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Stevenson: Dr Jekyll and Mr Hyde

19. Chapter 10 – The True Hour of Death (pp. 63-70)

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About this Lecture


In this module, we read through the final part of the tenth chapter of the novel, focusing in particular on: (i) Jekyll's description of "the bargain" being "unequal" and the idea of the Faustian pact; (ii) Jekyll's understanding of the universal significance of his story ("Strange as my circumstances were, the terms of this debate are as old and commonplace as man"); (iii) the echoes of Shakespeare and the Bible, especially in the line "to be tempted, however slightly, was to fall" (cf. Shakespeare's Measure for Measure, the Book of Genesis); (iv) the way in which the narrative in the final chapter oscillates between Jekyll and Hyde, reflecting Jekyll's psychological battle with Hyde; (v) the evocation of Robert Wringham (the protagonist in James Hogg's Private Memoirs and Confessions of a Justified Sinner) in an easy-to-miss pun ("not even the nightmares that wrung me could avail to break"); (vi) the importance (once again) of the father-son relationship ("…destroying the portrait of my father"); (vii) the concept of devolution, i.e. reverse evolution, the transformation from man to ape; and (viii) the ending of the novel.


In this course, Professor John McRae (University of Nottingham) explores Robert Louis Stevenson’s ‘Strange Case of Dr Jekyll and Mr Hyde’. In the first two modules, we provide a broad introduction to the social, historical, cultural context of the novel, focusing in particular on Stevenson’s life and career, his literary and cultural influences, and his own influence on later writers. In the seventeen modules that follow, we read through the novel chapter-by-chapter, providing close reading and analysis, including commentary on themes and motifs, the structure of the novel, its multiple narrators and narratives, significant objects (keys, doors, hands, mirrors, etc.), literary influences (Shakespeare, Marlowe, James Hogg, etc.), intellectual influences (Darwin, Nietzsche, Freud), important elements from Stevenson’s own life – and much, much more.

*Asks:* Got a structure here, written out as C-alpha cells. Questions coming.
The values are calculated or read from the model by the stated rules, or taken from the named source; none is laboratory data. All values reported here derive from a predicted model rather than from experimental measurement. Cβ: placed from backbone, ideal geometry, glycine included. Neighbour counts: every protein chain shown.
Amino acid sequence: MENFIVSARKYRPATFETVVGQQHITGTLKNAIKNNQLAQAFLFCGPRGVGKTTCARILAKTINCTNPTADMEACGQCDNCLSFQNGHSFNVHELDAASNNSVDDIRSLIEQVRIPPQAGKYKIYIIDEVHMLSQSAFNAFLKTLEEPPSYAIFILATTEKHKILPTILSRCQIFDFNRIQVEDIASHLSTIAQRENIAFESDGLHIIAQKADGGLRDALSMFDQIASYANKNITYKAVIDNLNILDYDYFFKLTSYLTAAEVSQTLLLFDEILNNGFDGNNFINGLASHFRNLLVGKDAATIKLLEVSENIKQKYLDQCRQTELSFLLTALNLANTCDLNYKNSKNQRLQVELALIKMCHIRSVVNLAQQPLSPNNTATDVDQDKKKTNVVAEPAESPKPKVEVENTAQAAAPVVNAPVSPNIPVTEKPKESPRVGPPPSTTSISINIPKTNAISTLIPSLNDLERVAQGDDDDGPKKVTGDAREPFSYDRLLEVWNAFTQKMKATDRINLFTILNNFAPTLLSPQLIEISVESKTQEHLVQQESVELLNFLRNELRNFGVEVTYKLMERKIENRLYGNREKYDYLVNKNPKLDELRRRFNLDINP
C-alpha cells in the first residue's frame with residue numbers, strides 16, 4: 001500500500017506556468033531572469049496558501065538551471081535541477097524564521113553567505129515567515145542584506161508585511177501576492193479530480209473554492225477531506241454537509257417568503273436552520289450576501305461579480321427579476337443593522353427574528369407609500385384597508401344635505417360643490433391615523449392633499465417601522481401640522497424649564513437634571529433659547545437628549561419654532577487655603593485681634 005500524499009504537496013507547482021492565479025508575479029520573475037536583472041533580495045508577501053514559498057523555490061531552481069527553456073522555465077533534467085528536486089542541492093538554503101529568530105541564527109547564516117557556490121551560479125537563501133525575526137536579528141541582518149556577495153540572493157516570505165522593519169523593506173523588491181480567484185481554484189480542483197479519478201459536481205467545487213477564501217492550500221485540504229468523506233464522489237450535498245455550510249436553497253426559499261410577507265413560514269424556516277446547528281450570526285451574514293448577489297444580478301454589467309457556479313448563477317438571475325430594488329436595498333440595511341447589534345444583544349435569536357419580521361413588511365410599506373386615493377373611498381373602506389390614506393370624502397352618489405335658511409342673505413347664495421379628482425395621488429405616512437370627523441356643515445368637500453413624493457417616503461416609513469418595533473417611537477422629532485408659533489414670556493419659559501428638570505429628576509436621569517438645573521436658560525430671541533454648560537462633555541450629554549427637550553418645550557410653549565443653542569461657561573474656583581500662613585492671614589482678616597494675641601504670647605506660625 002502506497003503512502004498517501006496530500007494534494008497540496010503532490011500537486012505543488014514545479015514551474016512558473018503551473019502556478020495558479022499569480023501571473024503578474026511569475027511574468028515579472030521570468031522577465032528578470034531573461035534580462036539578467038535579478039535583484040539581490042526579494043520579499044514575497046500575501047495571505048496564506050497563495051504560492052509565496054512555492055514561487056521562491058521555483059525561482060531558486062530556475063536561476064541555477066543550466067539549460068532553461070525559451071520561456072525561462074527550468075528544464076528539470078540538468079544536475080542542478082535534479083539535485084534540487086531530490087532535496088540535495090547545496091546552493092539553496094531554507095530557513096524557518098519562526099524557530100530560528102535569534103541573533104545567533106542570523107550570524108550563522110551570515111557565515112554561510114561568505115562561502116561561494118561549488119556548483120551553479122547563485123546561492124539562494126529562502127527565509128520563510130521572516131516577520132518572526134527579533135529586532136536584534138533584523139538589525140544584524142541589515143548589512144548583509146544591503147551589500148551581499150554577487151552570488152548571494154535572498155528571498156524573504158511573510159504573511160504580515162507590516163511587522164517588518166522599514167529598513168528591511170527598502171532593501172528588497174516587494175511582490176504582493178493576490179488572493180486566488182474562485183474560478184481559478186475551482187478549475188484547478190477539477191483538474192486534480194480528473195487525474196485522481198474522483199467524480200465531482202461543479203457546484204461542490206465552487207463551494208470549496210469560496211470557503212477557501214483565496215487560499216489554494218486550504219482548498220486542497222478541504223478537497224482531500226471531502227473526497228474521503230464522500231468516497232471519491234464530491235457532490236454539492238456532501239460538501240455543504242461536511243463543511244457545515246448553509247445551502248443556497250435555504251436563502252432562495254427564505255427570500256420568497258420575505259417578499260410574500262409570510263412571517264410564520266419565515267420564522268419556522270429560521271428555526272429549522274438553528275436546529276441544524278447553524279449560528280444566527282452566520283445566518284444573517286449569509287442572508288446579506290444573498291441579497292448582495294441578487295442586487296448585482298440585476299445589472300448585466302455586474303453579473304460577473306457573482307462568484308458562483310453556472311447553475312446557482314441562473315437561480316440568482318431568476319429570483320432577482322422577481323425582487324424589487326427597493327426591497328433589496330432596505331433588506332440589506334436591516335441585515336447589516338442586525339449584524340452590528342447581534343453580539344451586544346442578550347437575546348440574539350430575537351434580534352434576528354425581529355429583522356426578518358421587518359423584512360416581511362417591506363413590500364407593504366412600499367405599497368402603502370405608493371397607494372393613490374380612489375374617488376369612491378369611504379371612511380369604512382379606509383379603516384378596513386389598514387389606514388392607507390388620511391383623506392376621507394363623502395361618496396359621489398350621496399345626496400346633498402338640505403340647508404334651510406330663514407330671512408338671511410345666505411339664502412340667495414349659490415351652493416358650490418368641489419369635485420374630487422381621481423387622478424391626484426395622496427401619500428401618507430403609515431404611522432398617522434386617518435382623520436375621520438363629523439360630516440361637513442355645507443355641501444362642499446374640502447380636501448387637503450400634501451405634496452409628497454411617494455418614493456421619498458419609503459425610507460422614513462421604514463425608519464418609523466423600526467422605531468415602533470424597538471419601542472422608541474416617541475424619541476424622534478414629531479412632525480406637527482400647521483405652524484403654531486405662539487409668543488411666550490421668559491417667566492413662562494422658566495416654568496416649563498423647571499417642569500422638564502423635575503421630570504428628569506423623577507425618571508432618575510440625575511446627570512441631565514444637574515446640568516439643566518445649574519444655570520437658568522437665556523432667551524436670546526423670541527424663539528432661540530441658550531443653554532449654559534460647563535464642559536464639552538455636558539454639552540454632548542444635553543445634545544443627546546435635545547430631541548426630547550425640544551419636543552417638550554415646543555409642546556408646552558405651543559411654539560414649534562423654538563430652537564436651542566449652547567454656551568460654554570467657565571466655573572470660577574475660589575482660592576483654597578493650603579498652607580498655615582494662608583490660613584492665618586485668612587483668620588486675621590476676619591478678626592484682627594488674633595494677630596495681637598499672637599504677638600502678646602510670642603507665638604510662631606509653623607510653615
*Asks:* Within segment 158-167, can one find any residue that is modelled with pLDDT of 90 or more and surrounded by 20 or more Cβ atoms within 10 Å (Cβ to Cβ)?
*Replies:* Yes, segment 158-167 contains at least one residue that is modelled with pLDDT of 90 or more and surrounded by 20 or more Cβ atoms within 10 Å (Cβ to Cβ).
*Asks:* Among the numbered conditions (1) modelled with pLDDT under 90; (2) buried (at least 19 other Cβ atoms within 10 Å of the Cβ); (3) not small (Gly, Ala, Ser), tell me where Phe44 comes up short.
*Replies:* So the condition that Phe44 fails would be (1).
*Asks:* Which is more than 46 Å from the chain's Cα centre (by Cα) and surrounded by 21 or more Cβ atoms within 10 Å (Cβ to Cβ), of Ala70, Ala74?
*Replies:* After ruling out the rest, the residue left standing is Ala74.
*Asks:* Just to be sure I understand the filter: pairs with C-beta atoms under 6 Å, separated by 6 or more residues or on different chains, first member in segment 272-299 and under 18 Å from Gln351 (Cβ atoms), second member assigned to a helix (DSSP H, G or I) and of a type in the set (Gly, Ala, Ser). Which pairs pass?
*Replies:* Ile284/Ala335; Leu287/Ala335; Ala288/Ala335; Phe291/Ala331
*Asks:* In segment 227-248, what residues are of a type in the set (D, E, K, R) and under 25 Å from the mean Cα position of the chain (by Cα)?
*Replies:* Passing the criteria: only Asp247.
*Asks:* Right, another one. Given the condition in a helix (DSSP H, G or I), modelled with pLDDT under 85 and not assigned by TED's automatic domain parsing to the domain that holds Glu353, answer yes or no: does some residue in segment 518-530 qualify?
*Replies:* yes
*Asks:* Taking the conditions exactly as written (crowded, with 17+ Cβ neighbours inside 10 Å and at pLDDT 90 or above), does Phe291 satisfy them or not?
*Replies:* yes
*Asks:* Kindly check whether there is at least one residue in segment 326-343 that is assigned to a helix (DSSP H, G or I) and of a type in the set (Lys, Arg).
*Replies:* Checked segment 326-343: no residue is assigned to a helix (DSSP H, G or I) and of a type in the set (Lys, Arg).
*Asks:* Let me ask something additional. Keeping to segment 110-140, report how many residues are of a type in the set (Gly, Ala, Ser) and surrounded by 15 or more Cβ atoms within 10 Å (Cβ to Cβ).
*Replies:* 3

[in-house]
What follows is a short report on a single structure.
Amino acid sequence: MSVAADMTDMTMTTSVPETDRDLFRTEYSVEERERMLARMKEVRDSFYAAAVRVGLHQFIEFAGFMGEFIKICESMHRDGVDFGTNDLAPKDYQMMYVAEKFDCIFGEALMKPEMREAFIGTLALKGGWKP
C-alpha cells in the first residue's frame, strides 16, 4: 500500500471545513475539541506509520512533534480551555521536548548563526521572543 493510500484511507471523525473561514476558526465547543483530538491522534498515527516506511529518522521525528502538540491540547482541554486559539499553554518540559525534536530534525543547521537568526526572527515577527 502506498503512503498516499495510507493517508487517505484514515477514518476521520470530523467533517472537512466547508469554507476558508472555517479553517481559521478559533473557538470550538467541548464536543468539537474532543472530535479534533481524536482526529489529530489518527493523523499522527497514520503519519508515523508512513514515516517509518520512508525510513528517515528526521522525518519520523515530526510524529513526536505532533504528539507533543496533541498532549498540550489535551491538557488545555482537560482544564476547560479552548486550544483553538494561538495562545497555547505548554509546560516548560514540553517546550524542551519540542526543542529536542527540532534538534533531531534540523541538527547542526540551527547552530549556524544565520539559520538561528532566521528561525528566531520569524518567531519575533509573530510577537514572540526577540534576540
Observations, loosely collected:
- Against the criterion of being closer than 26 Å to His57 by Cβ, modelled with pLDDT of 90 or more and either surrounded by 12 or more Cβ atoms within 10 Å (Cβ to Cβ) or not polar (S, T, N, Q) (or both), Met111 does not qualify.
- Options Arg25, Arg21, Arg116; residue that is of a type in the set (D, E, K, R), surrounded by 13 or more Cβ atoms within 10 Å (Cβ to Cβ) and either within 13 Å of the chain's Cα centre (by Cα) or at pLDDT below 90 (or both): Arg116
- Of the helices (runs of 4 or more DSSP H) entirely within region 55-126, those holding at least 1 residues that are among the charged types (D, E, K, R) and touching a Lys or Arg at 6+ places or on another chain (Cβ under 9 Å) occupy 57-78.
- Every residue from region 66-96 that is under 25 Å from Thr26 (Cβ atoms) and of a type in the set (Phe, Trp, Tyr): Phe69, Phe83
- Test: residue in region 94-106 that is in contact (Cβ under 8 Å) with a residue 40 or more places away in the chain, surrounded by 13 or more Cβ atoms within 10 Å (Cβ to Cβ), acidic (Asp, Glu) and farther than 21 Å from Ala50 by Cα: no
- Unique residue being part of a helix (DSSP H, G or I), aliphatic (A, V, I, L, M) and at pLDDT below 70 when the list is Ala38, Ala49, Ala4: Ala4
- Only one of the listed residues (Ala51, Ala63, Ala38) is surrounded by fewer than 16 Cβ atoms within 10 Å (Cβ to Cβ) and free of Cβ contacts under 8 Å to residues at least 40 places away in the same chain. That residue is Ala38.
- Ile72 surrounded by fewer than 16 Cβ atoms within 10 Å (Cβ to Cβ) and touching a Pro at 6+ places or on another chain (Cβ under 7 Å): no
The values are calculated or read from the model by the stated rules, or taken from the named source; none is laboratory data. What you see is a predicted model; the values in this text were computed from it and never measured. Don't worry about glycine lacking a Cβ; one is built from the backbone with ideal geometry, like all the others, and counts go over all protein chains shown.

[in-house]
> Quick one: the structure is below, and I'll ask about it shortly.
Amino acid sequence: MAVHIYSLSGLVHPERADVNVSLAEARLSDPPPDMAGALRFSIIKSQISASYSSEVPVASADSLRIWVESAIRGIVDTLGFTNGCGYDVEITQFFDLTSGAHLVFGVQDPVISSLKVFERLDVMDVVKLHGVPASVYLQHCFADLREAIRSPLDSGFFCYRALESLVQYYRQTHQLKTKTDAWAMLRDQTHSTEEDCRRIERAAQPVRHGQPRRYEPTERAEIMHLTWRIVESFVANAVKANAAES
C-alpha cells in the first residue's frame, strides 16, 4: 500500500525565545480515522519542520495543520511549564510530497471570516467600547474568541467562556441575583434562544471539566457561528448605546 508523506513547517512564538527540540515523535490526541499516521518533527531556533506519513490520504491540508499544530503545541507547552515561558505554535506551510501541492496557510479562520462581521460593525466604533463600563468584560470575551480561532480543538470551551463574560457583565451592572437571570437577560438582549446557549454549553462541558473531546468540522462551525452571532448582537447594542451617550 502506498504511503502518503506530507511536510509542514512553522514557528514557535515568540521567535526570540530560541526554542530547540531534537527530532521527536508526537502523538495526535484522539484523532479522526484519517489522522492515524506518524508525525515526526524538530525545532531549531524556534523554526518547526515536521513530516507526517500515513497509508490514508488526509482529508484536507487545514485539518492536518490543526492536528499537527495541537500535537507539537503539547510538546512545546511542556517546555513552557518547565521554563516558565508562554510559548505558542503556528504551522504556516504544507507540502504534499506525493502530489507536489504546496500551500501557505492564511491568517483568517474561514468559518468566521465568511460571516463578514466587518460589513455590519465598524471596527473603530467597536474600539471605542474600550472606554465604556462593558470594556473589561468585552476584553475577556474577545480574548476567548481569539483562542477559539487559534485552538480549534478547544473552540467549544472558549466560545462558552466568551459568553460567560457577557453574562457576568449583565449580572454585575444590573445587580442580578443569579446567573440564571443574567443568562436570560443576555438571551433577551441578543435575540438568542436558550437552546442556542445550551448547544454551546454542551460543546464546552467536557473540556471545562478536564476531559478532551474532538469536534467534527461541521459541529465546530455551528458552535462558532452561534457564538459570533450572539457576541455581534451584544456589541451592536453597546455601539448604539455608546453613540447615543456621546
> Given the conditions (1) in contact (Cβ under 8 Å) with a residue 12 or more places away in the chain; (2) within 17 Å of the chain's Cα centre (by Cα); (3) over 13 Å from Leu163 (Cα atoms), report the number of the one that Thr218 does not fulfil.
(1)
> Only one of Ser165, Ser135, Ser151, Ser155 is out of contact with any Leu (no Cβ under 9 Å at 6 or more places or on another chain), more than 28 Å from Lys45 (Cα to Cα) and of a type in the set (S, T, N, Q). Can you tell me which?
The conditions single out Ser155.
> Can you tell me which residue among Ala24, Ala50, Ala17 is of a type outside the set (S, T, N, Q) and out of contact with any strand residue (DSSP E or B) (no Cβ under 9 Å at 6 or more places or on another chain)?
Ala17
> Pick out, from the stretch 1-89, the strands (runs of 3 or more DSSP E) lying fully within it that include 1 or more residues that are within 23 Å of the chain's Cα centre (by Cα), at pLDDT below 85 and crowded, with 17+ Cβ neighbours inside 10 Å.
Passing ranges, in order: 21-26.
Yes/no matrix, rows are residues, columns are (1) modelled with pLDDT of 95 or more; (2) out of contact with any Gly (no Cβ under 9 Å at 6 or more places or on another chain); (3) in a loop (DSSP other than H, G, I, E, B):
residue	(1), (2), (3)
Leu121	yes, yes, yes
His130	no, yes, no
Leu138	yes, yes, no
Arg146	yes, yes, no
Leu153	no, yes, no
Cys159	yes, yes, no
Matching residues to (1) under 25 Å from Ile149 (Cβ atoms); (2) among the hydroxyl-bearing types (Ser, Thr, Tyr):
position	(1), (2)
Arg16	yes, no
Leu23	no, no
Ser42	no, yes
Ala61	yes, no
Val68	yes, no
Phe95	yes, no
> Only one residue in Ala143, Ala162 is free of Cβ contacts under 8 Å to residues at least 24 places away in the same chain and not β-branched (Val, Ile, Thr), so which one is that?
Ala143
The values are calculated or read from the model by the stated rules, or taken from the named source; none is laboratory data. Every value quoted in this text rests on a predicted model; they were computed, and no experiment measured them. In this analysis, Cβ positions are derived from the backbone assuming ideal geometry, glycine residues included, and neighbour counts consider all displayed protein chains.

Note: Page numbers in these lectures refers to the Penguin Classics edition of the novel (‘The Strange Case of Dr Jekyll and Mr Hyde and Other Tales of Terror’, ed. Robert Mighall). Students using a different version of the novel may encounter slight differences in page numbering.


John McRae is Special Professor of Language in Literature Studies and Teaching Associate in the School of English at Nottingham University, and holds Visiting Professorships in China, Malaysia, Spain and the USA. He is co-author of The Routledge History of Literature in English with Ron Carter, and also wrote The Language of Poetry, Literature with a Small 'l' and the first critical edition of Teleny by Oscar Wilde and others.

Cite this Lecture

APA style

McRae, J. (2020, October 22). Stevenson: Dr Jekyll and Mr Hyde - Chapter 10 – The True Hour of Death (pp. 63-70) [Video]. MASSOLIT.

MLA style

McRae, J. "Stevenson: Dr Jekyll and Mr Hyde – Chapter 10 – The True Hour of Death (pp. 63-70)." MASSOLIT, uploaded by MASSOLIT, 22 Oct 2020,